Ghost Boys by Jewell Parker Rhodes

Ghost Boys

Twelve-year-old Jerome is shot by a police officer who mistakes his toy gun for a real threat. As a ghost, he observes the devastation that’s been unleashed on his family and community in the wake of what they see as an unjust and brutal killing.Soon Jerome meets another ghost: Emmett Till, a boy from a very different time but similar circumstances. Emmett helps Jerome process what has happened, on a journey towards recognizing how historical r...

Details Ghost Boys

TitleGhost Boys
Release DateApr 17th, 2018
PublisherLittle, Brown Books for Young Readers
GenreChildrens, Middle Grade, Realistic Fiction, Young Adult, Historical, Historical Fiction, Fiction, Cultural, African American

Reviews Ghost Boys

  • Hannah Greendale
    Jewell Parker Rhodes tackles timely issues (racial bias, bullying, class differences with regard to education and upbringing, gun violence) and introduces young readers to important figures (Emmett Till, Tamir Rice) in this story of a twelve-year-old black boy who is shot and killed after police mistakenly assume his toy gun is a real weapon.Despite the significance of its subject matter, Ghost Boys is crippled by a frenetic writing style: He te...
  • Donalyn
    I finished this book while the National Anthem played on the Atlanta airport TVs for the Super Bowl. I burst into tears. This is a haunting and important book I'll be thinking about for a long time.
  • Jazmen
    I always struggle to review these types of novels--these black lives matter, civil rights-esque novels. I often go into them expecting to be angry. I'm pre-angry before I even start them. Why? Because this is happening, still--today, and though the books are based on fictional characters--the story themselves are all too real.Jerome, was a kid--playing with a toy gun--when he was gunned down by a police officer. Mistaken for a "grown man," posing...
  • Rebecca McNutt
    Ghost Boys will definitely appeal to fans of The Lovely Bones in its strangely beautiful and sad story of a young boy murdered and trying to understand why, but its infusion of deeper themes including systematic racism and gun violence gives it its own original footing. All too often we look at these types of killings as mere statistics, but young Jerome, whose life was cut short in a tragic misunderstanding, gives a human face to the headlines a...
  • Amy
    This is the book I have been waiting for! I have been desperately searching for a middle grade book that would cover the same topics as The Hate U Give & Dear Martin but in a way that was more suitable for a younger audience. I tried to find it in The Stars Beneath Our Feet , but, that one was not it for me. This one was. This book is important. Relevant. Moving. Authentic. Hopeful. Searing. Gutting. A must-read.Jerome is shot by the police af...
  • Angela
    "All children, except one, grow up."-Peter Pan"A shadow. Then, another. And another. Another and another. Hundreds, thousands of ghost boys standing, ever still, looking up, through the window into our souls.Do I have a soul still?'I don't understand?''These are your... our people.' 'Black boys,' Sarah whispers, then clamps her hand over her mouth... I turn from him and Sarah. I look down. Hundreds and hundreds of shadow boys. A heart-wrenching c...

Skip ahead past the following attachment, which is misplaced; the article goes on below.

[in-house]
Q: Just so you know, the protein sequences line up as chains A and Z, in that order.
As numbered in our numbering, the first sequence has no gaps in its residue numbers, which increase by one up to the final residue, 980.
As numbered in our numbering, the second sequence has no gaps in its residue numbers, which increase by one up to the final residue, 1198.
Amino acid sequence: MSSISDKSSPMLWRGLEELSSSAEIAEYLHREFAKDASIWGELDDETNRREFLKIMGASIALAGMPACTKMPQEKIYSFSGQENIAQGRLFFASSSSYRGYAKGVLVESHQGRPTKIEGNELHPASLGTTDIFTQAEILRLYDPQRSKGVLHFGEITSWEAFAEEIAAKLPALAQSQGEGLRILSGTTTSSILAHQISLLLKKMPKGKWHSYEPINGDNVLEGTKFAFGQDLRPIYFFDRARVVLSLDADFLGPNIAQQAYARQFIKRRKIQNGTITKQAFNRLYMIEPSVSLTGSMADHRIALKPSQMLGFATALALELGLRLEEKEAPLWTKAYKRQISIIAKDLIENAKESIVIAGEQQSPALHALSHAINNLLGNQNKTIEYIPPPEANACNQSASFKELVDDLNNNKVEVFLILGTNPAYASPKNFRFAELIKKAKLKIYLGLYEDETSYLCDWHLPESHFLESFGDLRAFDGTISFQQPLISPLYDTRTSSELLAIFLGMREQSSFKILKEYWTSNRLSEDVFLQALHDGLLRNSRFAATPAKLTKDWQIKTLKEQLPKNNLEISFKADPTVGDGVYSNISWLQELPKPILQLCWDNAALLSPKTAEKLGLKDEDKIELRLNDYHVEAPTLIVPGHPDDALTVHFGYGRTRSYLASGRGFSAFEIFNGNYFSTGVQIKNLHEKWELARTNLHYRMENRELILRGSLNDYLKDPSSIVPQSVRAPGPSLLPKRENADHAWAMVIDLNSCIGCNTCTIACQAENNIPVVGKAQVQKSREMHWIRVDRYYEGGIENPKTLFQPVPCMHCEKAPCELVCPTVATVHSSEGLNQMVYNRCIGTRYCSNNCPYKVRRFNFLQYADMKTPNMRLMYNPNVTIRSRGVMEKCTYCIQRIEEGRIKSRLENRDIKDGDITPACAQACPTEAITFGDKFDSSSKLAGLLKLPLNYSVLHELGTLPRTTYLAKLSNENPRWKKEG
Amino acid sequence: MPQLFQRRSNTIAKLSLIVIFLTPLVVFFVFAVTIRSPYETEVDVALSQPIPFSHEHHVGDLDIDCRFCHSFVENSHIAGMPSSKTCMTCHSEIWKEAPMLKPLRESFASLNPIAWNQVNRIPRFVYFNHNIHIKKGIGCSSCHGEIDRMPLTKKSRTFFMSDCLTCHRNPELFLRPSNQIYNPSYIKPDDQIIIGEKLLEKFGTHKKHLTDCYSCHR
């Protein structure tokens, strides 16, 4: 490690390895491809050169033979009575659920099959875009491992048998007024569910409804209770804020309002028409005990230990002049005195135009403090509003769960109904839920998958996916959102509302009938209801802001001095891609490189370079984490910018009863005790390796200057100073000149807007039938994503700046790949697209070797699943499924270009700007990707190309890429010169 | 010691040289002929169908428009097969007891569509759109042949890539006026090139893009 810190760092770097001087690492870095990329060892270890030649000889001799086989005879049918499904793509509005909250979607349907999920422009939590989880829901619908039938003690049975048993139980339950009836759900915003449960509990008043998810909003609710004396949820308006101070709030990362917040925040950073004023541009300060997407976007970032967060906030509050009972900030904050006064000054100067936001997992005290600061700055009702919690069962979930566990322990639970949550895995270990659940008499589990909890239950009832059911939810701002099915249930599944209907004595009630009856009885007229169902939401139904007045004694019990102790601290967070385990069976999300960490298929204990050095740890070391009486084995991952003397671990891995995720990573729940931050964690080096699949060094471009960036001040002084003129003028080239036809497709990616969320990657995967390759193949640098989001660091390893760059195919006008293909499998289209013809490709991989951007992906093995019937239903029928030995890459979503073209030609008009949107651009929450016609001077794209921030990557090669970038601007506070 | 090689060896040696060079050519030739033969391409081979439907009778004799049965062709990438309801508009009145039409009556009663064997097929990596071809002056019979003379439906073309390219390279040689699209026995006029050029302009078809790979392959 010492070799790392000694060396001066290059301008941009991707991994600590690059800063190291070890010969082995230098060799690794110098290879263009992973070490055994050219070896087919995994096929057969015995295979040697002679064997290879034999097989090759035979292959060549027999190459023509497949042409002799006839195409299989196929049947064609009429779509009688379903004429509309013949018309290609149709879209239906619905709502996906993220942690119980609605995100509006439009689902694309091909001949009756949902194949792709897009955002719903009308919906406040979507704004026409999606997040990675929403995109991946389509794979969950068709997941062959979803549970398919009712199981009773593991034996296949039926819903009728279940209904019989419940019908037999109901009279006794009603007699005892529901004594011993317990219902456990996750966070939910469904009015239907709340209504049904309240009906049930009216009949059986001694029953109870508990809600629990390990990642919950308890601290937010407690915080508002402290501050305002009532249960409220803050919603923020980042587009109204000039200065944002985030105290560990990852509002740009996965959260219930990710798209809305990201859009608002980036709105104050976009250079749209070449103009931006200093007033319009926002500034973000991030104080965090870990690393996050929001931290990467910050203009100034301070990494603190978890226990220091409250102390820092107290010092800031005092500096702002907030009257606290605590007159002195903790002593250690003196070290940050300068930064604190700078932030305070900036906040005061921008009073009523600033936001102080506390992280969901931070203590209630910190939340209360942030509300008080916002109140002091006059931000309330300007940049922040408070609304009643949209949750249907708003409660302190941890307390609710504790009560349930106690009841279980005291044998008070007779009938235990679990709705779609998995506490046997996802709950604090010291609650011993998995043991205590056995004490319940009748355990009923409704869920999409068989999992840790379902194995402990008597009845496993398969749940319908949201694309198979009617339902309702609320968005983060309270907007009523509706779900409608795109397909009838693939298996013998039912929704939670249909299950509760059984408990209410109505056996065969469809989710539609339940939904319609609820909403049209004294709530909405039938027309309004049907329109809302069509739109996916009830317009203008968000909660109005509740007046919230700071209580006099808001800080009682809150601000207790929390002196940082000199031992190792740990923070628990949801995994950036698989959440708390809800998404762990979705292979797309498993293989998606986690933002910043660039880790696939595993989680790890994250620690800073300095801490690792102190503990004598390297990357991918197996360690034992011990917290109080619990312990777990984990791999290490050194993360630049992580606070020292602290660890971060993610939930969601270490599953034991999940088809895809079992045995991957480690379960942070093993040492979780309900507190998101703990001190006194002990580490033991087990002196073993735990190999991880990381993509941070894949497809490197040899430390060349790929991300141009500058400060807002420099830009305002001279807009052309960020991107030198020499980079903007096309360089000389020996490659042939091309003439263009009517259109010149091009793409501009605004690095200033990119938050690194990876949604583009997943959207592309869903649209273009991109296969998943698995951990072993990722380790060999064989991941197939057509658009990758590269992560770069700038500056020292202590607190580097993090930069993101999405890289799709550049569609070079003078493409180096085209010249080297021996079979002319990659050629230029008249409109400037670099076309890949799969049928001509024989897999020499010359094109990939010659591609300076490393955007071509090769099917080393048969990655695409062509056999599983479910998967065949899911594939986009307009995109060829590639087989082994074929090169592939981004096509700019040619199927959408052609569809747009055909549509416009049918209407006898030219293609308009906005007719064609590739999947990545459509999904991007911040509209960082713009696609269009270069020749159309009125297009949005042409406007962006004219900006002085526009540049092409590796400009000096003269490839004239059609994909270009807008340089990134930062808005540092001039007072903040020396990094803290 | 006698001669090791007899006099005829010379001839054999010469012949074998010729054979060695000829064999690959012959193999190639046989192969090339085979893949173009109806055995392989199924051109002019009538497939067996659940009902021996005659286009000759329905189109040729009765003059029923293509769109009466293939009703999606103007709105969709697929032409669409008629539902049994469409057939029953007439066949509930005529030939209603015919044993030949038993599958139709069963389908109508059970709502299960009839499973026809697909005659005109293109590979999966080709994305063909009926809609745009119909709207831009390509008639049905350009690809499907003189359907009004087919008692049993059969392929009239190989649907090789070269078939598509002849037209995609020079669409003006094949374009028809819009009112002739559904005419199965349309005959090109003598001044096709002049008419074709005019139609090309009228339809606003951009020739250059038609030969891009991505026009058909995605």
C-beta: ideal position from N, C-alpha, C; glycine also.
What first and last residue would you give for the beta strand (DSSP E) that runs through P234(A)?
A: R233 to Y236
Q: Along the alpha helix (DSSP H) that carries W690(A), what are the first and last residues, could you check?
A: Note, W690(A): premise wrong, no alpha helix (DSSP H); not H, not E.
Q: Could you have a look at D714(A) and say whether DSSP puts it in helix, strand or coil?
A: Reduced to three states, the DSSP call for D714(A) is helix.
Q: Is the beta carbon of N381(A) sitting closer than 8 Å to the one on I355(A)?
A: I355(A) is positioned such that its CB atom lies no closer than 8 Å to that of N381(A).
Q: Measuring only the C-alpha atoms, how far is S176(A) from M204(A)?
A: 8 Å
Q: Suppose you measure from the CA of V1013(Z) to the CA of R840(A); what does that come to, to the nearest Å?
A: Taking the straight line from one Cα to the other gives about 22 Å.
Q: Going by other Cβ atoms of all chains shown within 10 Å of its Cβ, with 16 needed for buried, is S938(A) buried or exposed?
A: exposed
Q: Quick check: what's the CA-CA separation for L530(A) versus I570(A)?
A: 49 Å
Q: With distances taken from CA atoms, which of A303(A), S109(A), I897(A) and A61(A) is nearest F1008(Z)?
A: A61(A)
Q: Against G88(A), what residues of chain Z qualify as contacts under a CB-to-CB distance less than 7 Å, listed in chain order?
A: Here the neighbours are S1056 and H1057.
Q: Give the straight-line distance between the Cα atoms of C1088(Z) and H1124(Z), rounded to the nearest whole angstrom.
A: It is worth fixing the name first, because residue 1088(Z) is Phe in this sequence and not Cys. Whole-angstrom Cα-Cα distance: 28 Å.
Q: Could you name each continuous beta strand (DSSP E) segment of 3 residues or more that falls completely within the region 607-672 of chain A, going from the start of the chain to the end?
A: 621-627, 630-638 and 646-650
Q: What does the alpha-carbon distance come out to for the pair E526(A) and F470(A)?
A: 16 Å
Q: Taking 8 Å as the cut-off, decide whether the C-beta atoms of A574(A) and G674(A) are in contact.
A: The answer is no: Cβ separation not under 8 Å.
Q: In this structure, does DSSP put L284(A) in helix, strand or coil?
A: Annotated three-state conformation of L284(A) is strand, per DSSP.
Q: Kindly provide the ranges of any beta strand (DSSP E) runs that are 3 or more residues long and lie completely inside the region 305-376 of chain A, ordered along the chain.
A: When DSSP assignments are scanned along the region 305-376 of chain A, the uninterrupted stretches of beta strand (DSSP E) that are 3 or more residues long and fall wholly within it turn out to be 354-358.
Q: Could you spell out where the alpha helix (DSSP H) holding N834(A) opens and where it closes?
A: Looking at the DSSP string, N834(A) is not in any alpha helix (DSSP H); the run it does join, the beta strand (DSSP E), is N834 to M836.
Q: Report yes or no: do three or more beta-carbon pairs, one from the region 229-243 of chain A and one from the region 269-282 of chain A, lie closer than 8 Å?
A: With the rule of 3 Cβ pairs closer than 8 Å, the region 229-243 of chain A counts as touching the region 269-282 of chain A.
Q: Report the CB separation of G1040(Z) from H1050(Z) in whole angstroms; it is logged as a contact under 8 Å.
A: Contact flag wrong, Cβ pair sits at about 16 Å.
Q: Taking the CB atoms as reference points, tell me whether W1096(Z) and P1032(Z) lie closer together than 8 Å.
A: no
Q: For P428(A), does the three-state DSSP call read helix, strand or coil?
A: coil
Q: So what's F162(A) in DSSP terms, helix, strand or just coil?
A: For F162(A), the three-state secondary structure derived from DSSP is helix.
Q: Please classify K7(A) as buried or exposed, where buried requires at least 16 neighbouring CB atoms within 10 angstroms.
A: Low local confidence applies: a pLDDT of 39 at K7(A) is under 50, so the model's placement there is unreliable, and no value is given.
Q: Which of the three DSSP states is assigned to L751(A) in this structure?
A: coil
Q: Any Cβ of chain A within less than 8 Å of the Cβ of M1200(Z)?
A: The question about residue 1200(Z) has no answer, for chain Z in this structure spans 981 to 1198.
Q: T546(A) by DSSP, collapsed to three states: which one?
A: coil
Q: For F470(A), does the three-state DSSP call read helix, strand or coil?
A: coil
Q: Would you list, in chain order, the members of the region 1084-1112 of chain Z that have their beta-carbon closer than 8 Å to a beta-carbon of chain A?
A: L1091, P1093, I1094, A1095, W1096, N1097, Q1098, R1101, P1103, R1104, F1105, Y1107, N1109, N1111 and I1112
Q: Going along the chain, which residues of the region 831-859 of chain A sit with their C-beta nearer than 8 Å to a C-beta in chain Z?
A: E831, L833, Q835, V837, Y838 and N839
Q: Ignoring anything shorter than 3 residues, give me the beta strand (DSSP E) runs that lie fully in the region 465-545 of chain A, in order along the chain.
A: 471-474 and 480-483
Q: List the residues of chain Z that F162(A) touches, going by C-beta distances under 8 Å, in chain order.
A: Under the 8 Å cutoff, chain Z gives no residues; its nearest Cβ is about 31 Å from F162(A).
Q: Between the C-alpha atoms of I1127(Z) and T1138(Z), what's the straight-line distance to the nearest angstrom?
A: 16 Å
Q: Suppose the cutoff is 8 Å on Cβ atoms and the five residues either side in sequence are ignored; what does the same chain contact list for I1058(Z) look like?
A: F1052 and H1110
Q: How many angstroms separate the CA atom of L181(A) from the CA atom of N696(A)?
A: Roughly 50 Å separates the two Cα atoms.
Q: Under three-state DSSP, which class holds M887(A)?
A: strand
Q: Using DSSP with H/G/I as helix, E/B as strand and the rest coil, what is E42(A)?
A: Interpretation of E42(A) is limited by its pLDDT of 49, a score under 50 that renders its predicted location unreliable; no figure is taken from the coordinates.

• Lauren
    An absolutely heart breaking but so so so important book! With beautiful vision and gut wrenching honesty, Rhodes pulls readers into the world seen through the eyes of a recently deceased 12-year-old named Jerome. With the ghost of Emmett Till as a kind of guide, Jerome starts to understand the depths of what it means to be black in America. As he sees his family weighed down in grief and follows the trial of the police officer who shot him, Jero...
  • Amber
    Books like this make change. I highly recommend this one and hope it is in many middle school and high school classrooms when it is released this spring.
  • Avis
    What does it matter if Officer Moore is sorry? If his wife is sorry? If the whole world is sorry?it's been a long time since i have seen such a heavy subject handled so poorly.ghost boys tells the story of jerome, a 12 year old boy killed by a police officer who mistook his toy gun for a real one. stuck as a ghost, jerome is forced to watch his loved ones suffer as they attempt to get justice for his death.the good:- the idea behind this book. th...
  • The Reading Countess
    Skinny book, big ideas.Jewell Parker Rhodes does it again. Ninth Ward. Towers Falling. Bayou Magic. And now Ghost Boys. She has an uncanny sense of when to float books out into the world. Lyrically written, as we have come to expect from her, this is more than a tale of injustice; it's a unique mix of both historical AND realistic fiction. Sadly, the lines between what has happened in the past are all too close to the present ones. This is an imp...
  • Miss Nuding C8B
    A MUST READ. I've never read a book that has so smoothly and effectively utilized POV to characterize a protagonist and supplementary characters. This book shows readers at every age that it is their duty to stand by what they believe in and use their lives to promote positive change. Very important.
  • Jeweliana
    "Don't pity me," I say, sharp, frustrated by Sarah"Maybe I can help you? Help you both? Like Wendy helped Peter?""Is Peter white? He's white, isn't he?" I ask, insistent, furious." And this, folks, is how it's done. Jewell Parker Rhodes has hit us with a masterpiece that is one of the best Black Lives Matter novels to date. I knew the story of Emmet Till before reading this but Rhodes' writing gave me chills. You might not be expecting much from ...
  • Dianne